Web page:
Child Centered Research Practices Essay

1273 words - 5 pages

The ideas of child-centered research have long been articulated to examine and study the lives of children. Traditionally, research practices have reformulated individual thinking and perceptions in such a way that people are more inclined to work with children. Unlike, the conventional research practices that focused on children as objects of enquiry, present child-centered paradigms focus on ethnographic approaches when conducting research with children. An American, psychologist, John B. Watson took keen interest in child behaviourism after doing extensive research on animal behaviour. However, Watson failed to carry out effective research because his research was on children, rather than, with children. Conversely, where Watson failed, transient researchers, James and Christensen and Mayall succeeded because their researching methods and methodologies were unbiased and consisted of ethnographical paradigms, which were solely child-centered.
John Bradus Watson , the father of behaviourism, is a psychologist whose research lacked effectiveness because his experiments were conducted on children and not with children. Behaviourism is a philosophy of psychology which leads to explain the physical, mental and emotional actions of individuals ("Behaviorism"). Watson used behaviourism to study and identify the reasons why children behave in a certain way and what causes them to do so. During his interest in child psychology, Watson carried out an unethical experiment on an eight month old boy, Little Albert. Watson hypothesised that children’s behaviour can be conditioned by adults (“John B. Watson”). To prove his hypothesis he gave a white rat to the Little Albert and observed that he is not scared of it. Afterwards, he decided to make a disruptive noise right behind Little Albert, which proves that Watson manipulated him to be terrified of white rats. Therefore, it is evident that Watson’s experiment was unethical and ineffective because Little Albert was used as a passive participant, who was not aware of what is going to happen to him as a result of this experiment.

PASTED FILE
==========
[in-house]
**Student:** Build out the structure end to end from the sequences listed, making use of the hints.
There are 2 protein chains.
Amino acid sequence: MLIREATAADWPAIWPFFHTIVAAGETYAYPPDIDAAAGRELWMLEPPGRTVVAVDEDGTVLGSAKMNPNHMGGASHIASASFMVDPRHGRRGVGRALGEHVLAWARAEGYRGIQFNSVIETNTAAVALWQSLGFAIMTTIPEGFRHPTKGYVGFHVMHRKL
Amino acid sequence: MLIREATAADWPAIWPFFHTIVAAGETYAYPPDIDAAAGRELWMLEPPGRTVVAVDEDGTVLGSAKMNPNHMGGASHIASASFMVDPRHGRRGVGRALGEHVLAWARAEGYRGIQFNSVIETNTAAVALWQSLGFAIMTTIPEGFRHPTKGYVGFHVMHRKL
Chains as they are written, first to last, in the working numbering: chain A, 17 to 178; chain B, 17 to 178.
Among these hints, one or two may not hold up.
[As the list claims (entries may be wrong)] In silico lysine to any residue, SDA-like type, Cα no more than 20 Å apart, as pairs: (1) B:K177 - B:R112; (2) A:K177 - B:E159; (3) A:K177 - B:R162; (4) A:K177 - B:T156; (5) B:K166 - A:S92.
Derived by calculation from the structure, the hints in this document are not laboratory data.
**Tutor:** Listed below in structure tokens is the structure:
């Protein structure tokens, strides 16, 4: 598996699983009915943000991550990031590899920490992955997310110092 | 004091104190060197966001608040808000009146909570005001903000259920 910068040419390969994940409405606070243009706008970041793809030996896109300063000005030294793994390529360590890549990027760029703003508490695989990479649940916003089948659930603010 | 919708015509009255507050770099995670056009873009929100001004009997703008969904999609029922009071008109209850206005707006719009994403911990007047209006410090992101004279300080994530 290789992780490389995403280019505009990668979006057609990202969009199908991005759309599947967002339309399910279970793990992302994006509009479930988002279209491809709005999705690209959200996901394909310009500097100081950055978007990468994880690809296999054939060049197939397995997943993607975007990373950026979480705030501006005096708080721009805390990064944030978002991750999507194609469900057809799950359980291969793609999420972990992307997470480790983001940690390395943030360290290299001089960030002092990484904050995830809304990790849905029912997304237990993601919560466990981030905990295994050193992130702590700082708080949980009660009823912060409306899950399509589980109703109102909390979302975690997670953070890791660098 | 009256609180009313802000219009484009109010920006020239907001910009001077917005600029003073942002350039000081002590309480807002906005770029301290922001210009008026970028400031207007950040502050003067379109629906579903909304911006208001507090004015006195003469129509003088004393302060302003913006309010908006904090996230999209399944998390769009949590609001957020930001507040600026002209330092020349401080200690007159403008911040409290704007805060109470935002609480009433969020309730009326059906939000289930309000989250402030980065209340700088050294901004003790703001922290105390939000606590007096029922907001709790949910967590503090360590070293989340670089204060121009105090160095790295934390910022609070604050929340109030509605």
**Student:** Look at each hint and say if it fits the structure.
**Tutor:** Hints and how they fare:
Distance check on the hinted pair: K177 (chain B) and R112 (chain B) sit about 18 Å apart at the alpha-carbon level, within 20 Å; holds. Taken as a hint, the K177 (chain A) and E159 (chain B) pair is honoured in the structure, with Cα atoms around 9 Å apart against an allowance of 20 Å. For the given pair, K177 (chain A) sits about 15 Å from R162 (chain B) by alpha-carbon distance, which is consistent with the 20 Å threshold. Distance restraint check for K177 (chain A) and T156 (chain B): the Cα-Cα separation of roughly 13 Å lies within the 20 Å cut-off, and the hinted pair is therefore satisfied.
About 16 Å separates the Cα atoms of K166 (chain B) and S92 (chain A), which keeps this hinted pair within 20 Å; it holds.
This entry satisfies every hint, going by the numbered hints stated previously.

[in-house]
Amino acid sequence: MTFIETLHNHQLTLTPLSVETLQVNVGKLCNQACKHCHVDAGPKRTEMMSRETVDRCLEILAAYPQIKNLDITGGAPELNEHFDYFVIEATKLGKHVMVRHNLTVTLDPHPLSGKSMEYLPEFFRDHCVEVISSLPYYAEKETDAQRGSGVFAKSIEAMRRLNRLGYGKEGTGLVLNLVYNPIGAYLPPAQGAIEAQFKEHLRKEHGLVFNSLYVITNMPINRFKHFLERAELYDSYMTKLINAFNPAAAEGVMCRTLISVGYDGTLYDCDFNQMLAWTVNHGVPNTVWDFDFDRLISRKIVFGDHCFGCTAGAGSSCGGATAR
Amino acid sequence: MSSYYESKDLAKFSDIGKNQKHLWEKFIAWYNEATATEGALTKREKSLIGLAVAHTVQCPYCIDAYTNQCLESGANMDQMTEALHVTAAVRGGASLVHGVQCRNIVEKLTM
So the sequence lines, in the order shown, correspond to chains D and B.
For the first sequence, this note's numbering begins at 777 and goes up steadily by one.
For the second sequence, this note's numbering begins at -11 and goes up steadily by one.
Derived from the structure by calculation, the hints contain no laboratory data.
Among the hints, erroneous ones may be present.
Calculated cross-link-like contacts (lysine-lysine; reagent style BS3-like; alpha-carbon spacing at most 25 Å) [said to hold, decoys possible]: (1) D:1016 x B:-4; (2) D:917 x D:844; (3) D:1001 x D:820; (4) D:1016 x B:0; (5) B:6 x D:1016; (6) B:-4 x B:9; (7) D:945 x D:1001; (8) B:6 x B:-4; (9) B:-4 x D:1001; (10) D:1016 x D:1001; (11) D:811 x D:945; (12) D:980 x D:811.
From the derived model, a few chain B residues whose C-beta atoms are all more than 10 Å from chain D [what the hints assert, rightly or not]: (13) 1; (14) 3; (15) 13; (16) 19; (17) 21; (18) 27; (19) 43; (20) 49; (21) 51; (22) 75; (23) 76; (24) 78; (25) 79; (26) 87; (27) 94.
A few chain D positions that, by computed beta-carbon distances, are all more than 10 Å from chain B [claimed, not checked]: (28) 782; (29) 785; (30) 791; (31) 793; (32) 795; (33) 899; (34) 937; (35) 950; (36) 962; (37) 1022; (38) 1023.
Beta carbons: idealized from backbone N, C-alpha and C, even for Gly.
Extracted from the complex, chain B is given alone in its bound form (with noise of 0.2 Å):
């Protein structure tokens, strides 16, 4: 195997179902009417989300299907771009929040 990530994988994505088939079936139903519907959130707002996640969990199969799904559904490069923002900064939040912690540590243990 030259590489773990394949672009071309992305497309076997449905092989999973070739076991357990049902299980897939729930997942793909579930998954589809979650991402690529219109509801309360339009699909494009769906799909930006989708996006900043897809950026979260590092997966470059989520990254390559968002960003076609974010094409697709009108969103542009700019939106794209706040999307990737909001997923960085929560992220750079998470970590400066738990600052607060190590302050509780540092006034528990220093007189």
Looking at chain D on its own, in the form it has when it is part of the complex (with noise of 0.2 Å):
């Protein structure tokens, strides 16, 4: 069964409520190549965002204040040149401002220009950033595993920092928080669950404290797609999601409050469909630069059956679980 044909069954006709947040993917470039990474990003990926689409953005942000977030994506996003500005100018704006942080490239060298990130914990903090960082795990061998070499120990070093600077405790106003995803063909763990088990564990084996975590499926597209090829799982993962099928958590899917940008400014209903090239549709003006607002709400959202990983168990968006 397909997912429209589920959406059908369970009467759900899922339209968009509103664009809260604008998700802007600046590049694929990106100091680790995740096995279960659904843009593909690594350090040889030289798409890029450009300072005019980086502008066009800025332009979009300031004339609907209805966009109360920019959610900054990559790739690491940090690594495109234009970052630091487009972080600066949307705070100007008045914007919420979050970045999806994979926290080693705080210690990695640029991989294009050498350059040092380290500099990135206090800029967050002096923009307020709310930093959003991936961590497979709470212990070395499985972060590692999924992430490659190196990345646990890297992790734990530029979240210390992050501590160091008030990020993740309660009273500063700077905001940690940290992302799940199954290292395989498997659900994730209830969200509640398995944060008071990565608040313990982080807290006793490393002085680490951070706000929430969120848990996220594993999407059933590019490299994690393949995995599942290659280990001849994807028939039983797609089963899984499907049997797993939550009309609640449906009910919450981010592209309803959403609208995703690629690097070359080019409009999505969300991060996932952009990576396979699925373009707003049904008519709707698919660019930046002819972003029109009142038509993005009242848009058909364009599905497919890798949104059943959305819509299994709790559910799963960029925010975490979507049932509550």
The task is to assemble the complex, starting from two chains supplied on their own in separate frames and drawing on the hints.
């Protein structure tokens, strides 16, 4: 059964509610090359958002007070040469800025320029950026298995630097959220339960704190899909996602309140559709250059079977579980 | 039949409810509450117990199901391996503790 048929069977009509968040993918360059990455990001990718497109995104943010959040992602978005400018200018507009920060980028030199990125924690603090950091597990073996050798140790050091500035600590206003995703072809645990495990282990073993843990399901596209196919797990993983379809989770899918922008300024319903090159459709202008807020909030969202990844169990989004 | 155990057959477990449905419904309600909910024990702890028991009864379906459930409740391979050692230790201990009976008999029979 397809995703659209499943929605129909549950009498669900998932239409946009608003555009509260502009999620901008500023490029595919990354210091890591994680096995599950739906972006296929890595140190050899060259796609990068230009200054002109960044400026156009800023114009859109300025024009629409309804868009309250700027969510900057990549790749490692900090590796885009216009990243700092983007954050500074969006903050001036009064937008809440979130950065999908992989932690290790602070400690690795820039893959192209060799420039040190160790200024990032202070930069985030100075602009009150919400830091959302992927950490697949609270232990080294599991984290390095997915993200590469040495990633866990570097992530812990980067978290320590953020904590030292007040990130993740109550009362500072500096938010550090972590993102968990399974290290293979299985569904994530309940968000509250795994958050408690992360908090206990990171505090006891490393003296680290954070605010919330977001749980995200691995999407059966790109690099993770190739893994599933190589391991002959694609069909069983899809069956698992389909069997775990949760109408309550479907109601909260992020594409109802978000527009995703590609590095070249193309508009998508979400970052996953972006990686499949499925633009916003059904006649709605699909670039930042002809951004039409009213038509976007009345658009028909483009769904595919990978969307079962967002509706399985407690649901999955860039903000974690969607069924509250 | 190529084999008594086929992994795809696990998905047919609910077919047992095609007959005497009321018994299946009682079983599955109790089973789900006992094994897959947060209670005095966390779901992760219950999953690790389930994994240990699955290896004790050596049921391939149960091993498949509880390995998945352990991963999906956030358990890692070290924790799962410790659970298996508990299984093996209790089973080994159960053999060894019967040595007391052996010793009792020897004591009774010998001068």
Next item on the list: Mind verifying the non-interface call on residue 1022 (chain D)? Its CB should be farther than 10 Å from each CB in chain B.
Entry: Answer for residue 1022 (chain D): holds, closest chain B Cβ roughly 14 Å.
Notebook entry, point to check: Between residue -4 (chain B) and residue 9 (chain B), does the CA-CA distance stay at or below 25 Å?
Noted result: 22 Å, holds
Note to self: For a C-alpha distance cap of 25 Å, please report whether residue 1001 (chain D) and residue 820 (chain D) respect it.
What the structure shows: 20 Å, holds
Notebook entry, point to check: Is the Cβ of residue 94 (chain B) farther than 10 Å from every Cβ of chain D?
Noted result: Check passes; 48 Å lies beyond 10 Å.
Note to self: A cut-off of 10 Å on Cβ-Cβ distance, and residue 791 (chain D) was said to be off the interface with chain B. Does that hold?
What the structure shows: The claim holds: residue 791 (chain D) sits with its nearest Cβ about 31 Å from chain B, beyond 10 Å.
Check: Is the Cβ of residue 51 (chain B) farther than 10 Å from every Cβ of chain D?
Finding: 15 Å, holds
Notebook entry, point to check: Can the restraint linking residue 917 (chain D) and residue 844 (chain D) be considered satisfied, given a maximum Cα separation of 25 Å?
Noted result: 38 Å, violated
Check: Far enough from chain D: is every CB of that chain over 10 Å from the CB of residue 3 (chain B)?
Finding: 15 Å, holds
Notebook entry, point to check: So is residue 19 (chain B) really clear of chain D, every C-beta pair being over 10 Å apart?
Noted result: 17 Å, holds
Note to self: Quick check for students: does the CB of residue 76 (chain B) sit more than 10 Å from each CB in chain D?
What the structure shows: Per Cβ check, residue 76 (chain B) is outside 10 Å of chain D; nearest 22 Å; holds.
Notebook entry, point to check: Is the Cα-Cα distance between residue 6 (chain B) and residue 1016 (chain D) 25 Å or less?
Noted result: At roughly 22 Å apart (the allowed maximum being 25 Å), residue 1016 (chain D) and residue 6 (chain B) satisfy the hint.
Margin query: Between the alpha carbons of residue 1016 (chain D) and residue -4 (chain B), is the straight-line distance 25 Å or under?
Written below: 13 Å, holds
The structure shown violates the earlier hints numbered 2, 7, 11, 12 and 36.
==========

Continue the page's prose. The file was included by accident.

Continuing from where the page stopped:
Watson’s failure to use an effective ethnographic approach shows that his research and theories on child behaviour were solely based on his past experiences, bias and assumptions. This is evident because Watson, himself, acknowledged the fact that “he did not know enough” to do a good job in regards to children’s behaviour (“John B. Watson”). Watson hypothesized that “children only cry when they are in physical pain” (“John B. Watson”). However, he failed to realize that behaviour is not universal to everyone, rather, it is specific and unique to each individual. Moreover, Watson’s assumption that children’s behaviour can be distorted by adult interference lacks evidence. He only conducted one experiment, which did not proof its viability because it was unethically conducted. Overall, Watson’s methodologies were based on his own preconceived ideas, which did not focus on working...

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